Q. But theoretically it could be done if ever anybody got mobilized and really pushed for it?
DAN CRAIG: I will never say never because when I started with the National Hockey League 10 years ago, nobody told me that I'd be doing a hockey rink in Wrigley Field.
Q. If it's a bright, sunny day like it is today, will it have any effect on how the game is played? Will one team be looking into the sun? Will there be shading on the ice, anything like that?
DAN CRAIG: You know, it's the same as the weather situation: that's a Colin Campbell and Gary Bettman question. They'll be in direct communication with the Players Association just to see how and when they would handle that.
Q. In terms of?
DAN CRAIG: You know, that's the thing. My job is to make sure that the ice is the best as it can be for the players. I leave it up to the powers to be to make decisions on when and how the guys skate.
Q. There's a general perception out there that cold is equated with good ice, so one goes hand?in?hand with the other. Is that perception well?founded or is it a myth?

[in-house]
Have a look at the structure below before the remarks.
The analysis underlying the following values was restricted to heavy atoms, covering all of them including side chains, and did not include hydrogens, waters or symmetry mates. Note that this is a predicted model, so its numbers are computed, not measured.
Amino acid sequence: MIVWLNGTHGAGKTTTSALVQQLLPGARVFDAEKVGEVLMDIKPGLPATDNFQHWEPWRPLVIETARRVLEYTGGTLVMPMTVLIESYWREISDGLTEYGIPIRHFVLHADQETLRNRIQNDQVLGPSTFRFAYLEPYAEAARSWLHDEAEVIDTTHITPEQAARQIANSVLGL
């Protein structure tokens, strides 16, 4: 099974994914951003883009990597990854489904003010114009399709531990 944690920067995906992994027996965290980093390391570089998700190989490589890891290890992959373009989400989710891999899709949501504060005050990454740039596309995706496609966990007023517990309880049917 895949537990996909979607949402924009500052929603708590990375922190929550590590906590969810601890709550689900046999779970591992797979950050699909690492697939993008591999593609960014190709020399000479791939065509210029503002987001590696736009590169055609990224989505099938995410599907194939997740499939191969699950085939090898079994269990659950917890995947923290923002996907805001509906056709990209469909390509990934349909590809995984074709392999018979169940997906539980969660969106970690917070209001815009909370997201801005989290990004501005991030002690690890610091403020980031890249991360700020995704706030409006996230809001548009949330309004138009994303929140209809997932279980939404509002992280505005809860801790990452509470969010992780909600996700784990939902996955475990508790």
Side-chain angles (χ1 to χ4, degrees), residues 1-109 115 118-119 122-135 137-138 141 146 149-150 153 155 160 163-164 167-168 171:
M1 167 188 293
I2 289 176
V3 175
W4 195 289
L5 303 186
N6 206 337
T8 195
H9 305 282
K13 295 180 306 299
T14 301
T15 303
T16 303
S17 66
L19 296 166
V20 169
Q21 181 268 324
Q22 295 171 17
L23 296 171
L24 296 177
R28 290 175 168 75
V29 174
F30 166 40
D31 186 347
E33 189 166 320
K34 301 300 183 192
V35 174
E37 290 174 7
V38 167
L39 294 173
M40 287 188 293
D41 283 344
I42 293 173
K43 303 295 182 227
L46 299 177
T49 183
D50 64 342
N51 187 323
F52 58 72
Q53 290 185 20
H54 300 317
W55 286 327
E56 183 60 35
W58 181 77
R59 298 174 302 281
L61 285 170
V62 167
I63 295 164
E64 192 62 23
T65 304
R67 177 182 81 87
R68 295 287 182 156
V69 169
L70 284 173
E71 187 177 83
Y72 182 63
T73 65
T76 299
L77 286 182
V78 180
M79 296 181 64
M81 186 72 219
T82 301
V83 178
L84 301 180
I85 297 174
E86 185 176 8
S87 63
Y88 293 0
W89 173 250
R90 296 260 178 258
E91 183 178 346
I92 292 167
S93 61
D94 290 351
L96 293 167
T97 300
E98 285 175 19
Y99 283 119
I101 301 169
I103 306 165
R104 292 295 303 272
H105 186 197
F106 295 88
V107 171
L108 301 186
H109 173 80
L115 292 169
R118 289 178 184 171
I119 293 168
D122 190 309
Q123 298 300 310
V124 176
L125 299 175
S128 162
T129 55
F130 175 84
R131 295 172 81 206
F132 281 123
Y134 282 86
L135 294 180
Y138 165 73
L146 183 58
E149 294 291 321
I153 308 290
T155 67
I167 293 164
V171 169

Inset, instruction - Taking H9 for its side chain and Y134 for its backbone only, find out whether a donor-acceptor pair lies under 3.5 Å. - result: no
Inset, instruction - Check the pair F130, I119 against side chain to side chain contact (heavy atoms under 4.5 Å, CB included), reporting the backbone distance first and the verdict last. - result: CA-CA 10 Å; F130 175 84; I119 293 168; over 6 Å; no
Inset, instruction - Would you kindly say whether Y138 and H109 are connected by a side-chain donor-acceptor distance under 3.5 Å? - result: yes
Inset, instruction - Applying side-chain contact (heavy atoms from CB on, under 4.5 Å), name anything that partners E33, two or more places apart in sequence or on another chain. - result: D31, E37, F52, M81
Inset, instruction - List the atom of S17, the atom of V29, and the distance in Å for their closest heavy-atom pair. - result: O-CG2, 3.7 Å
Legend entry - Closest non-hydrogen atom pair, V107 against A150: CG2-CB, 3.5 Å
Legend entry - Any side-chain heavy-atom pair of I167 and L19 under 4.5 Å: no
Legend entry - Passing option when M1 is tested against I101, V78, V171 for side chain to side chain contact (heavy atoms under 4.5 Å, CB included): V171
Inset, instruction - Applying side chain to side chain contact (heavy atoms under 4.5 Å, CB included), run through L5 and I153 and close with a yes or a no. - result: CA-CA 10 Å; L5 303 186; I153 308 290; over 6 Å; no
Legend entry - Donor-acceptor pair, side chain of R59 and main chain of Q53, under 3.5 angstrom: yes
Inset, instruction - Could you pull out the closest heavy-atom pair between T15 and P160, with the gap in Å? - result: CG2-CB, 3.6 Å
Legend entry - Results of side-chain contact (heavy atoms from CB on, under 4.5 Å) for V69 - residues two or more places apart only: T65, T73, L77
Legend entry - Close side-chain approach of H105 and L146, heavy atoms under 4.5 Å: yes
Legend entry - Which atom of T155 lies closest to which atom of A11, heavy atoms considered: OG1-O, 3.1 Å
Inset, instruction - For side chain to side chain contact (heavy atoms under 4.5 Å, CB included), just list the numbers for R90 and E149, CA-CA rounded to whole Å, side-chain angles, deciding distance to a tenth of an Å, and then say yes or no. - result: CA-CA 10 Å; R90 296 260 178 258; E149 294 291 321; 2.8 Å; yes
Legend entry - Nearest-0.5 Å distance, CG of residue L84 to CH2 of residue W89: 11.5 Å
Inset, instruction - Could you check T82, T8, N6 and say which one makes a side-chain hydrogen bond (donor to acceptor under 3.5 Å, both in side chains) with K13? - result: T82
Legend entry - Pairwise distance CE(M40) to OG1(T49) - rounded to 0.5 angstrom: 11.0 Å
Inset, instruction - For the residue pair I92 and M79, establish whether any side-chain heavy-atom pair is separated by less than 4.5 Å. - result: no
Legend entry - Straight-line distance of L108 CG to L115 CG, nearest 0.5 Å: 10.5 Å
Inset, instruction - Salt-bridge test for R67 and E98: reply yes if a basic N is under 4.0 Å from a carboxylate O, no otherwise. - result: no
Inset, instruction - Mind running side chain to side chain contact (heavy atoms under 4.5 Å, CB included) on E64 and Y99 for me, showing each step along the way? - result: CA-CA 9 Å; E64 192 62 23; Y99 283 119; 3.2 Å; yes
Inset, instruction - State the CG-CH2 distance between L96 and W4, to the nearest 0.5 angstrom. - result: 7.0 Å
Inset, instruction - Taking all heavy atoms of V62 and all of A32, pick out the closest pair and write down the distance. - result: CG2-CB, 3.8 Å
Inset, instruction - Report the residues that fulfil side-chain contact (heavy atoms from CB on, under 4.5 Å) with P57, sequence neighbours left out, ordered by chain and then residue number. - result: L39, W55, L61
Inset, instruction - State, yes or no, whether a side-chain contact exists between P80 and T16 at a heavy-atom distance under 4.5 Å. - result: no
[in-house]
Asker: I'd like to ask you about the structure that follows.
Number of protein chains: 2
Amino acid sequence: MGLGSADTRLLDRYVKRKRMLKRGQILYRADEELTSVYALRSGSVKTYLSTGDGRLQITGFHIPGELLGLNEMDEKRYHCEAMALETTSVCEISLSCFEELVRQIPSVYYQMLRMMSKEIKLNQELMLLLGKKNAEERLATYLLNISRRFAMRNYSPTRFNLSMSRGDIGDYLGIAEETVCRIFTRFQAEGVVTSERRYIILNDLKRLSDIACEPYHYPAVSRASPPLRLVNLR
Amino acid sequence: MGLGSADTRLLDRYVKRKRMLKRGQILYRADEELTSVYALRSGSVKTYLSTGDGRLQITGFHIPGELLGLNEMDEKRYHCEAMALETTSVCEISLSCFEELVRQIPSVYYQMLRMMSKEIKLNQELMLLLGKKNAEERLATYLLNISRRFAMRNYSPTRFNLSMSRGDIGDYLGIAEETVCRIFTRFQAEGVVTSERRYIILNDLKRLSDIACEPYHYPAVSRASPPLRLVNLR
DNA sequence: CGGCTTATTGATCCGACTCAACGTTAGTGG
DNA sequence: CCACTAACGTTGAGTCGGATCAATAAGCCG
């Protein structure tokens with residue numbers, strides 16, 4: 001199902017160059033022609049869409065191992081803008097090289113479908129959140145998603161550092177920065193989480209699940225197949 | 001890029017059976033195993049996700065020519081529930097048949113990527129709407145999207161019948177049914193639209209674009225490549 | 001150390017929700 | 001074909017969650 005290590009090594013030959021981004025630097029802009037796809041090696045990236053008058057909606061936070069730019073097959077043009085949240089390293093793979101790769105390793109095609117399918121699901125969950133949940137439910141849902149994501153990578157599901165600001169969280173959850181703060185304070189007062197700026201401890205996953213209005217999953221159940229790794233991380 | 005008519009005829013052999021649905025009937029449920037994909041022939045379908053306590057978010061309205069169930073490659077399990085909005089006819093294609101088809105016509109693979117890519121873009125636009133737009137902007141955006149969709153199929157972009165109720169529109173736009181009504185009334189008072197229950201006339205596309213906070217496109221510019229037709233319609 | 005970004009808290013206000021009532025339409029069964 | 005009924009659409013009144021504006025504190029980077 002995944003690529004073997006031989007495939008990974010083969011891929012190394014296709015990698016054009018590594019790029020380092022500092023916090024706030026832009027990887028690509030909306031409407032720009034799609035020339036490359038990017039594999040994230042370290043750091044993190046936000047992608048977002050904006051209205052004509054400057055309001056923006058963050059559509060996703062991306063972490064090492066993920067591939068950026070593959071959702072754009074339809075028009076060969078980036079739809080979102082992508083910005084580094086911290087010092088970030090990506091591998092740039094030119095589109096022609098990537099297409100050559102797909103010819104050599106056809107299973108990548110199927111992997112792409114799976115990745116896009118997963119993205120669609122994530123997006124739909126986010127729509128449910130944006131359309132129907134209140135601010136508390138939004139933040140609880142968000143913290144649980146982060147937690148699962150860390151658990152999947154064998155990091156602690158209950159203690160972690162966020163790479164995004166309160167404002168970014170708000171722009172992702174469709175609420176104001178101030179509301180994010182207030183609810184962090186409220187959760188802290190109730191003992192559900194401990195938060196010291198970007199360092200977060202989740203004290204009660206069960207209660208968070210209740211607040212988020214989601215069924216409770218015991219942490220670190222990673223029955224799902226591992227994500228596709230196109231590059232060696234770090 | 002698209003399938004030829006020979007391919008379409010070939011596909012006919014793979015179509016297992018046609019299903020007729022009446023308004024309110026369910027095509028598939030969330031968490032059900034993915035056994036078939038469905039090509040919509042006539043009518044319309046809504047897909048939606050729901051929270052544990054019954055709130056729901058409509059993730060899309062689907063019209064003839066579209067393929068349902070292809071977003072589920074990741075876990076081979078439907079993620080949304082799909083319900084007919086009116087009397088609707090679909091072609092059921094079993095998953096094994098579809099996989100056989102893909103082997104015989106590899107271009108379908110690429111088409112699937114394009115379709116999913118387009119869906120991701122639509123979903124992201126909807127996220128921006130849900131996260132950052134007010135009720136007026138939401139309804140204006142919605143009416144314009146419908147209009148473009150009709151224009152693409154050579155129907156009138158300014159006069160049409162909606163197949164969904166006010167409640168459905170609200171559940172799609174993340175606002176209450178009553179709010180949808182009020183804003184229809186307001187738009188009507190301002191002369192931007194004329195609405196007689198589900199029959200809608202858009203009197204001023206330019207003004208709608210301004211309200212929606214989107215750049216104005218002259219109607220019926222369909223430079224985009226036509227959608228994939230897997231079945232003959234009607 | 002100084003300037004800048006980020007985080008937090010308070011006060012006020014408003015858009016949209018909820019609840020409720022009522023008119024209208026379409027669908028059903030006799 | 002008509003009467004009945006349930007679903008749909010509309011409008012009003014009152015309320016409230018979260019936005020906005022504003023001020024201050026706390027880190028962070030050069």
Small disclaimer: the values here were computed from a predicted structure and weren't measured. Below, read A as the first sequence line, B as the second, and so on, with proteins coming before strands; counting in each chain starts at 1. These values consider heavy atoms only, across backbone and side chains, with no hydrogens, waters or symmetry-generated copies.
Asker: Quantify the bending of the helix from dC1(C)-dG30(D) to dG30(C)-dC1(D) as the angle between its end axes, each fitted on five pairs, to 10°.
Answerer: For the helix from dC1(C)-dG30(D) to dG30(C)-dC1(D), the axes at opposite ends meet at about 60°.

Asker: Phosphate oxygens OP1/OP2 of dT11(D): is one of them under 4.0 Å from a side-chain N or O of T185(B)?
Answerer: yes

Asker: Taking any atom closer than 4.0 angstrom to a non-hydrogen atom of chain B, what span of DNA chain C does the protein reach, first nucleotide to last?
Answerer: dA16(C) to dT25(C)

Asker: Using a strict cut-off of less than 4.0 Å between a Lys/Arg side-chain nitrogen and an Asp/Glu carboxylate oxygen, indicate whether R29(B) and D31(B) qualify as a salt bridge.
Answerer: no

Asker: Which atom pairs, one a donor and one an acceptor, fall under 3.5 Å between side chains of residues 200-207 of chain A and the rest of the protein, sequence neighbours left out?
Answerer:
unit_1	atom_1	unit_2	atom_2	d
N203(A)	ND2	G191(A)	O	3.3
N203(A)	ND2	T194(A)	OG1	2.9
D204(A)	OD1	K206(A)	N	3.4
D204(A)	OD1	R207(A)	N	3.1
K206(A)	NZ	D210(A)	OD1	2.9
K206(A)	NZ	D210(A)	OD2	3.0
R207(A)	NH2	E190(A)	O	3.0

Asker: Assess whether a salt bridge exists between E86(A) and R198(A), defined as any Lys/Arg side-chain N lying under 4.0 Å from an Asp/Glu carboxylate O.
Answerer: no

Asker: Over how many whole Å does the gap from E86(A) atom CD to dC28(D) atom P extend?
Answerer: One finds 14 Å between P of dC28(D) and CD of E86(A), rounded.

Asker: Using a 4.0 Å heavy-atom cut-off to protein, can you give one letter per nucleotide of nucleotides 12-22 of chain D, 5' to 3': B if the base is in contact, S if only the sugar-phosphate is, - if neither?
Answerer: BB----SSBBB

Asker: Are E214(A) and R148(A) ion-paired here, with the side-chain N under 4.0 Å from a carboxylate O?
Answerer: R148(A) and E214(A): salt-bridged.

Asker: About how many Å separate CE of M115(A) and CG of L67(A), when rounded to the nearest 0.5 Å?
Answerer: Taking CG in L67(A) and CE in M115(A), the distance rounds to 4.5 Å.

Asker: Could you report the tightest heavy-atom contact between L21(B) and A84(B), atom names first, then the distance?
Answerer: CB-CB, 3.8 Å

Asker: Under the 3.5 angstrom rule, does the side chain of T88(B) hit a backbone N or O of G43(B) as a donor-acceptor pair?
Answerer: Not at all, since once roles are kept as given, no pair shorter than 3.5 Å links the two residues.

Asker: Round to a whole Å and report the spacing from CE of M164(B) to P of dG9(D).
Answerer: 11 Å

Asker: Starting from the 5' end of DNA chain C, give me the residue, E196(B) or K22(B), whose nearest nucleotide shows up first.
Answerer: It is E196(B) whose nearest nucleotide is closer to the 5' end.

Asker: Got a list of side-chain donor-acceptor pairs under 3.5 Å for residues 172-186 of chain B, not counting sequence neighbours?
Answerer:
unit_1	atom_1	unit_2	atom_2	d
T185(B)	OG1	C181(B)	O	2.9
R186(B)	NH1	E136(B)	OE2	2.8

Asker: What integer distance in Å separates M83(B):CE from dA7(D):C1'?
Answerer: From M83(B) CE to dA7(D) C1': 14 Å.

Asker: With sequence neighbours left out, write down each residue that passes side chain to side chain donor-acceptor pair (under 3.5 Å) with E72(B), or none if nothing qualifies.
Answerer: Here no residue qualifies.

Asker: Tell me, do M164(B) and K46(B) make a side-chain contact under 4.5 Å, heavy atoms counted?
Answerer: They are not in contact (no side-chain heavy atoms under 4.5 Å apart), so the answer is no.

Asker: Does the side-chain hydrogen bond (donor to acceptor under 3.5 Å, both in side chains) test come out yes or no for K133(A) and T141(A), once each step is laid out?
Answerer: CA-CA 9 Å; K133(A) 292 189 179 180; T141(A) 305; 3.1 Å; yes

DAN CRAIG: Definitely well?founded. Really the challenges are going to be where the air interfaces with the ice surface itself. The cooler it is, the better efficiency we're going to get out of our system. The warmer it is right at that surface, the tougher that system has to work.
That's why if you go into some of our buildings around the National Hockey League, when you open the doors, because they're in a warmer climate, they will push at 56, 57 degrees because they know they're going to be 62, 63 by the time we drop the puck. They cool the building off as much as they possibly can so the interface on the ice surface is a lot better.
Q. So humidity is a big factor here?
DAN CRAIG: Obviously, yeah. We've known that. That's been definitely in the forefront of everything that we do. That's why we take a look, down in Florida and places like that, they go out and spend four, five million dollars on dehumidification up in the corner rafters that you never see.
Q. I'd like to ask you if it's your fault that we all freeze our rear?ends off when we go to hockey games.